Questions of self-identity are of abiding interest. Contemporary fascination with “identity politics” demonstrates that there are a multitude of significant questions that deserve careful and responsible exploration. Continue reading Who Am I and Who Are They?
“Follow your passion!” This aphorism of self-actualization is often given to college students searching for what work vocations they will do after graduation. This saying can be a well-intentioned antidote to the dull and dubious pragmatism that says, “Wealth (and the job that gains it) makes the man.” But this aphorism can also be misleading and damaging. Its passion-propelled portrait of work can set people up for failure and disappointment instead of helping them find meaning and contentment in their labors. Continue reading Follow Your Passion!
This is the second post of a three-part essay on the vocation of a student.
How can a student serve her neighbor? You might immediately jump to the idea of service projects or mission trips. True, these are ways to love others while being a student. But a person can do those quite apart from being a student. So the question still remains: how can a student love others through her calling as a student? Continue reading How Can You Serve Your Neighbor As a Student?
This is the first post of a three-part essay on the vocation of a student.
What does it mean to be a student? Several responses can be given to this simple, yet complex, question. The place to begin with is the observation that to be a student—like to be a daughter or a son, brother or sister, friend or citizen—is to have a vocation. This is apparent in the fact that a university has accepted a person’s application for enrollment. In doing so the university calls the applicant, placing upon her the honorable and holy vocation of student.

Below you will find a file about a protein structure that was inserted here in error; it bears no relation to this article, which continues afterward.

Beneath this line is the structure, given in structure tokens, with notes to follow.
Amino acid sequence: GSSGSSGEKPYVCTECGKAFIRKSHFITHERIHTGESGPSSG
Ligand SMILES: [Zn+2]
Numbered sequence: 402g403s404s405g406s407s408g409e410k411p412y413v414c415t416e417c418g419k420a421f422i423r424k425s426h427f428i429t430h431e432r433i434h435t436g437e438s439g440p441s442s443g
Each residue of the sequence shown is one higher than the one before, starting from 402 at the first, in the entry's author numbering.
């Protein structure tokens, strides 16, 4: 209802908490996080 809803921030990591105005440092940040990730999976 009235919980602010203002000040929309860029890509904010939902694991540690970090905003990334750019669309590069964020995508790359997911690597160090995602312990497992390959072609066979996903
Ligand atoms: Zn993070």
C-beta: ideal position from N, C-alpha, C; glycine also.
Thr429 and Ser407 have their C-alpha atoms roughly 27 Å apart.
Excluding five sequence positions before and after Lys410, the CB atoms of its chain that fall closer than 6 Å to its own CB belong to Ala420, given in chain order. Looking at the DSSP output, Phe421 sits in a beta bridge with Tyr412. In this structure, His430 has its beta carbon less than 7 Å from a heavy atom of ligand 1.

It might sound strange to say that being a student is honorable and holy, but it is. It is much more than, as many people think, a path to a profession or financial well-being. Continue reading What Does It Mean to Be a Student?
This is the first post of a two-part essay on Ovid’s depiction of the limitations of natural and supernatural answers to the human condition.
How many of our undergraduate students are encouraged to find quick comfort in answers scientific because the transcendent is so unknowable? Or—perhaps a problem in our secular institutions to the same degree as it may be a caricature of the most fundamentalist of our church-related institutions—to rely more on the supernatural as a more certain answer to life’s vicissitudes than the natural world can offer? As scholars, we owe it to ourselves and our students always to consider skeptically the limitations of either endeavor—and the ancient world’s greatest poet points up just this problem as well. Continue reading The Limitations of Science and Art
Concordia University Irvine’s Core Curriculum seeks an ambitious vision set forth in the words of Martin Luther: “to develop wise, honorable, and cultivated citizens.” One danger in running with a vision that’s so catchy is that the virtues these words espouse may eventually become confused, diluted, or even meaningless. The hazard is compounded when the word “honorable” enjoys center stage in that vision, a word that for many has eluded a simple definition distinguishable from a kind of vanilla “moral uprightness.” One purpose of this essay, then, is to seek whether clarity can be at least provisionally attained about what we mean by “honor.” To do this we will aim at a discrete delineation along the lines suggested by one core text, Cicero’s De Officiis (“On Obligations” or “On Duties”). Continue reading Negotiating Honor in Cicero’s De Officiis